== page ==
In an interview with the Telegraph, nation branding guru Wally Olins says that he has paused his involvement with Poland’s chamber of commerce, which had brought him to change the grey and gloom image of the country abroad.
At Nation-Branding.info news of Olins’ contribution to the branding Poland project had been reported here and here, and things looked fine, but the irreductible Kaczynski brothers are damaging the country’s image in a way that branding alone cannot cope with. This is the article as appeared today:
Poland’s standing in the world is being tarnished by the controversial twins who run its government, according to the British brand expert brought in to overhaul the country’s image.
The Kaczynski twins’ Law and Justice Party is fighting a fierce battle to be re-elected on Oct 21 in a contest which polls suggest is too close to call.
Now Wally Olins, the British style guru hired to transform Poland’s image from central European backwater to beacon of modernity, has accused the twins of being a public relations catastrophe dragging the country’s name into the mud.
“At the moment there are far too many negative issues around them [the Kaczynskis],” Mr Olins said. “In the present situation there is not a lot we can do to help Poland.”
The general election was called, two years ahead of schedule, after Prime Minister Jaroslaw Kaczynski’s coalition of small, mostly hard-Right, parties fell apart over the summer. Mr Kaczynski’s twin brother Lech is Poland’s president.
Mr Olins has been working in Poland for more than three years, after being hired by the Polish chamber of commerce.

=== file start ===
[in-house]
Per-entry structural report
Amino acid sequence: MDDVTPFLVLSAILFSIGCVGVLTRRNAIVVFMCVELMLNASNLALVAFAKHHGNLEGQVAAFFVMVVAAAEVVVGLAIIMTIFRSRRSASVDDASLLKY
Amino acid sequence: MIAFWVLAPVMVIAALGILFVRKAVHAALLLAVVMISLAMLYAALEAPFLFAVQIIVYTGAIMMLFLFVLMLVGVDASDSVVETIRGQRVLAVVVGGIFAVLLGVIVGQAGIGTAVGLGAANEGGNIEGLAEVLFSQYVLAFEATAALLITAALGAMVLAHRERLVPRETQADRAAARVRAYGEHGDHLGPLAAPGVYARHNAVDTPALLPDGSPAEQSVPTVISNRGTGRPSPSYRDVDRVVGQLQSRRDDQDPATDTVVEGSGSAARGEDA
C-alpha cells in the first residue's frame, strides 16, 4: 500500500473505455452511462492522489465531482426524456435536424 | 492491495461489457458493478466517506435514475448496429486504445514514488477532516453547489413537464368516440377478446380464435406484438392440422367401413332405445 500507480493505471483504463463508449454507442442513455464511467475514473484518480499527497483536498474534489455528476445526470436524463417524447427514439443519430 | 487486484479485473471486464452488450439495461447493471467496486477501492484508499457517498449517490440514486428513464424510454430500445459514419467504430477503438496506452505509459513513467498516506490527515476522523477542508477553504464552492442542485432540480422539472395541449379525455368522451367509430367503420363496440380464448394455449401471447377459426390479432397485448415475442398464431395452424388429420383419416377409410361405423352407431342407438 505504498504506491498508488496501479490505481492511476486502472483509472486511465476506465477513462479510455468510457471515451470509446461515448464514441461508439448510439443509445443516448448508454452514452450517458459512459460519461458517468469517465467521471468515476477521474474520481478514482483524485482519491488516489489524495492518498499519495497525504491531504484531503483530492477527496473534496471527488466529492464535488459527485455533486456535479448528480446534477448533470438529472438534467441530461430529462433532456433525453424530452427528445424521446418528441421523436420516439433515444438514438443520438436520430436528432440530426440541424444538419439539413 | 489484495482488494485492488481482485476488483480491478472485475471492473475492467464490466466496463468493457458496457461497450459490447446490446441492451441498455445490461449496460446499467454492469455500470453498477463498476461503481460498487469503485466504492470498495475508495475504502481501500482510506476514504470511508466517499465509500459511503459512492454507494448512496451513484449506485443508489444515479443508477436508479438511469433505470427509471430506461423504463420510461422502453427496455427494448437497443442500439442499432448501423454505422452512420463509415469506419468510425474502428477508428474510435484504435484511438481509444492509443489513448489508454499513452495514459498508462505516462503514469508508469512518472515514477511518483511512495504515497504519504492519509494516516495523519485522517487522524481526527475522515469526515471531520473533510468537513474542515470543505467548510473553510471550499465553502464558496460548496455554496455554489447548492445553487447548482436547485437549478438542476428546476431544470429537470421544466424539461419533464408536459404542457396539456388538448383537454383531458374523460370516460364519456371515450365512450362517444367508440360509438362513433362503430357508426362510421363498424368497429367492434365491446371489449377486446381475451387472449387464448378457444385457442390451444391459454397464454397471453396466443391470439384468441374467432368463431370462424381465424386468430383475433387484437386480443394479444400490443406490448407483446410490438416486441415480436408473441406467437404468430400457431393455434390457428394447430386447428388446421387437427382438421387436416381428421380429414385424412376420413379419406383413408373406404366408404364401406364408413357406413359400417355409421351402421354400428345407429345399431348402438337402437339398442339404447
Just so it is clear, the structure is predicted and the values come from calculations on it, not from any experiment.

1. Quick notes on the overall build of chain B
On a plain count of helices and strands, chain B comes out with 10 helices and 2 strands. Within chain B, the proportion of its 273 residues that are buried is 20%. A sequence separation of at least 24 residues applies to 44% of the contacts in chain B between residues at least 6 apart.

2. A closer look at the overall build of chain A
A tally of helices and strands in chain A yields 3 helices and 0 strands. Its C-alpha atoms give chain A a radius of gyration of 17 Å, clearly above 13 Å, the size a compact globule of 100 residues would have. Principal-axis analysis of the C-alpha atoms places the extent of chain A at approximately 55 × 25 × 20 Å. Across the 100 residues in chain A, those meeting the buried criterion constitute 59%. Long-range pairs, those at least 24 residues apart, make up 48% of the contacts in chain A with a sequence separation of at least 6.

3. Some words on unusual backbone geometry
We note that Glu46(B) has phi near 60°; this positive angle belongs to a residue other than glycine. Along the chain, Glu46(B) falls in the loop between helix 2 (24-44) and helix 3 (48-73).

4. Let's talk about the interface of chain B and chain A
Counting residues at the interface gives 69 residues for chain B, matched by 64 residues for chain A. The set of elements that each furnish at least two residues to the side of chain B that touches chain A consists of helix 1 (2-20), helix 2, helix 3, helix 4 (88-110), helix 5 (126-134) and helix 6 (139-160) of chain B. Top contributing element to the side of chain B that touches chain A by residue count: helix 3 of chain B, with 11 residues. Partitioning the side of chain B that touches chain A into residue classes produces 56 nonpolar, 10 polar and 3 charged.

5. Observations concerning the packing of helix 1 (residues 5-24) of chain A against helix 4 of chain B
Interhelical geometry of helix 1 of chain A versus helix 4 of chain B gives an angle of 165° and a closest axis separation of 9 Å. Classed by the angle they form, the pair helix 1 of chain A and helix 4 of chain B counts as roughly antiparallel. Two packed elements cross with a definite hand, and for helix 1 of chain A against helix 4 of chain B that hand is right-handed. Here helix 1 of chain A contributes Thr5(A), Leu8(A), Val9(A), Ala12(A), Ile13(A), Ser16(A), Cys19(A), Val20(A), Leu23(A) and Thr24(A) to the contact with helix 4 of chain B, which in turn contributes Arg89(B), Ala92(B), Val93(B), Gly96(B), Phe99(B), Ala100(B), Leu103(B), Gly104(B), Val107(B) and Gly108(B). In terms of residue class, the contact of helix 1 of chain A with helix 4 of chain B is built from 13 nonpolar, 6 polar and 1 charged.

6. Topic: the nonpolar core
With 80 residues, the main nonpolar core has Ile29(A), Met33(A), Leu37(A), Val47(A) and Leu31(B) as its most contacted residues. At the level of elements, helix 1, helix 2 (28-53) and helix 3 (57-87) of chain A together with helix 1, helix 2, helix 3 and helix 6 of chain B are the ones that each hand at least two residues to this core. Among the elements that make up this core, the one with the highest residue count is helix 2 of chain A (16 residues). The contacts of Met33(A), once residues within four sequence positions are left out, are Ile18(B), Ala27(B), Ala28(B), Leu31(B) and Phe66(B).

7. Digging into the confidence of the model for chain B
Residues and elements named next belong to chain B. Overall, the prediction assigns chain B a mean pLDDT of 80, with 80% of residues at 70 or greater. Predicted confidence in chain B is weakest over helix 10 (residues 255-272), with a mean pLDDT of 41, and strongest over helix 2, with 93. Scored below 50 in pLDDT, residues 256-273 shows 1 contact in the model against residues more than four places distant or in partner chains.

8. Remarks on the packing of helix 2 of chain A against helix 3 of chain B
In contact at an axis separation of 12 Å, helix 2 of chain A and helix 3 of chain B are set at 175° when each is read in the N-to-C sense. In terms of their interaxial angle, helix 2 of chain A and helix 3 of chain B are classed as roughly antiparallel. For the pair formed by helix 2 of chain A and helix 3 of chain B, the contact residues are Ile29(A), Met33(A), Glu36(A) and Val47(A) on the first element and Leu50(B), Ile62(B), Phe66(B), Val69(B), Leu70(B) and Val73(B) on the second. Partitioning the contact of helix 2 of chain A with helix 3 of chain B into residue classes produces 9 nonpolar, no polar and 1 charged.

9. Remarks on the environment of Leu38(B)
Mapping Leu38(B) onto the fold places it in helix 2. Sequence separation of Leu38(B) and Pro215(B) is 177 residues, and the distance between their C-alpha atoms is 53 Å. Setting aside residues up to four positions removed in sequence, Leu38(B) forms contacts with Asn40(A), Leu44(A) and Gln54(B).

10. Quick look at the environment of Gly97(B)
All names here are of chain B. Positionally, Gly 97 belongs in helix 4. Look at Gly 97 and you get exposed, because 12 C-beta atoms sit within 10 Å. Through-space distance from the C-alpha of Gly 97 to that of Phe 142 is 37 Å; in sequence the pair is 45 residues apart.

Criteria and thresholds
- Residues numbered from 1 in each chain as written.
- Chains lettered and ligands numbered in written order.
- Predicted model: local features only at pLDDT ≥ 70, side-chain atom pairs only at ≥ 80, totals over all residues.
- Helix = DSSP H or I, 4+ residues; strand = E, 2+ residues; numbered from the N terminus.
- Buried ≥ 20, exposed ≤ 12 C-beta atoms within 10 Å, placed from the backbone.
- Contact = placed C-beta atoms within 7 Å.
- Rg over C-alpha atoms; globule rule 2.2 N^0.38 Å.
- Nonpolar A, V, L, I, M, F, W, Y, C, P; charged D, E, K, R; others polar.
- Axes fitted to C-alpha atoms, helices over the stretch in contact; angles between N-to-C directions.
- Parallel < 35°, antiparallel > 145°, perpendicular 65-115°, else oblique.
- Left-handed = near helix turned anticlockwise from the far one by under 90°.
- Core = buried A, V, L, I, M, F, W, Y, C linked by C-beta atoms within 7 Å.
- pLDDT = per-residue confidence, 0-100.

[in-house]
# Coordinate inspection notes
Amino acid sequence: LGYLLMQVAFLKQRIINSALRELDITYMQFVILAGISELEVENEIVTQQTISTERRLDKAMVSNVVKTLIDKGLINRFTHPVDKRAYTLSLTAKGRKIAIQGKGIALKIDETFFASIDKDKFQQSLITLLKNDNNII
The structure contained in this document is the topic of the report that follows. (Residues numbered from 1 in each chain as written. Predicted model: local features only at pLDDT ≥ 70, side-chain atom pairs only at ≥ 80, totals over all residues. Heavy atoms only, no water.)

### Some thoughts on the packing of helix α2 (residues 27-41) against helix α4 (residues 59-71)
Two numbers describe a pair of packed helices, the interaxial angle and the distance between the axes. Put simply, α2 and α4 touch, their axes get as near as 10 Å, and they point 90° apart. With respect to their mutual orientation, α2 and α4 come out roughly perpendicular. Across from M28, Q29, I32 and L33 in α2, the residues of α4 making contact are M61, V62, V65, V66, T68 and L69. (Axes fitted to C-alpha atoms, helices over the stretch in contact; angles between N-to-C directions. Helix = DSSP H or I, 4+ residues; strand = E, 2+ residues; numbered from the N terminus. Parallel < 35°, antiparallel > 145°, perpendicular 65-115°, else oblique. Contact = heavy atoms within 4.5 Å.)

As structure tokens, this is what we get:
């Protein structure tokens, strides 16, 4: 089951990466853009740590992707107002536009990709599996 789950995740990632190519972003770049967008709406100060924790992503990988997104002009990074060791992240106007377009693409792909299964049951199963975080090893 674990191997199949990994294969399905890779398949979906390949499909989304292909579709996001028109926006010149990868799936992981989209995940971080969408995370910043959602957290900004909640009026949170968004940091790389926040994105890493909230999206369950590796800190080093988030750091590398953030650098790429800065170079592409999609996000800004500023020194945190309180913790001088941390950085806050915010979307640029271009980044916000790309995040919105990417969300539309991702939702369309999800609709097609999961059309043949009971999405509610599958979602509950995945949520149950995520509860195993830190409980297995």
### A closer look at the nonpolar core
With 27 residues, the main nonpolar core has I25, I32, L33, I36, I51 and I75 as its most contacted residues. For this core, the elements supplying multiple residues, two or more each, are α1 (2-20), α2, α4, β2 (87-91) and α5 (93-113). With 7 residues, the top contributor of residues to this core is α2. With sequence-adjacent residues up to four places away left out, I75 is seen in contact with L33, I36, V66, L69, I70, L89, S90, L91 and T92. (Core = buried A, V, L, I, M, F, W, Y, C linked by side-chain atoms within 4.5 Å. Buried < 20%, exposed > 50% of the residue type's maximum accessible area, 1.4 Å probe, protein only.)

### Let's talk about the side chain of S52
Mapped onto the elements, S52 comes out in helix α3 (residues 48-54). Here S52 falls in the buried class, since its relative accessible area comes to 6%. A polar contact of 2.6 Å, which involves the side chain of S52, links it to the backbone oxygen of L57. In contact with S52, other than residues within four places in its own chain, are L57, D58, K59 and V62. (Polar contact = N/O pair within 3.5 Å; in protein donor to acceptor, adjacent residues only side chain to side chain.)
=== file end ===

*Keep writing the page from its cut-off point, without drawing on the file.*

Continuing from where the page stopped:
But after he began his modernising mission, the Kaczynski twins won the elections in 2005 and embarked on a political programme that has hit the headlines for all the wrong reasons.
Policies over abortion and gay-rights have seen them labelled narrow minded and homophobic.
Arguments with Germany have been billed unnecessary and stridently nationalistic. Its failure to compromise at European Union summits has been criticised as petty and unprofessional.
Mr Olins said it was “particularly difficult to deal with the Poles”.
“They are very individualistic. They find authority offensive and are very good at coming together to destroy it, but not so good at constructing something in its place.”
That charge has been levelled at the Kaczynskis, who have pursued what is frequently described as a destructive purge against suspected collaborators with the former communist regime, which crumbled in 1989.
Mr Olins said he was initially hired in Poland to counter the perception of central European countries as a “stodgy grey mess”.
“We tried to find an idea for the country, a personality. Just as Italy has style, Spain has passion, we decided that Poland had a creative boisterousness, unusual but fun,” he said.
However, faced with the onslaught of the Kaczynskis’s negative public-relations machine, Mr Olins and his company have now thrown in the towel.
“We have paused, and we are awaiting the outcome of the election,” he said.
The Kaczynskis negative international image could prove crucial in a election so close that the vote of expatriate Poles could prove decisive.
This weekend, Donald Tusk, the leader of the opposition Civic Platform Party, visited Britain to rally support amongst the estimated million Poles living in Britain and Ireland, in what is now seen as a must-visit campaign stop.
The Law and Justice party is also expected to send a top level delegation ahead of the vote.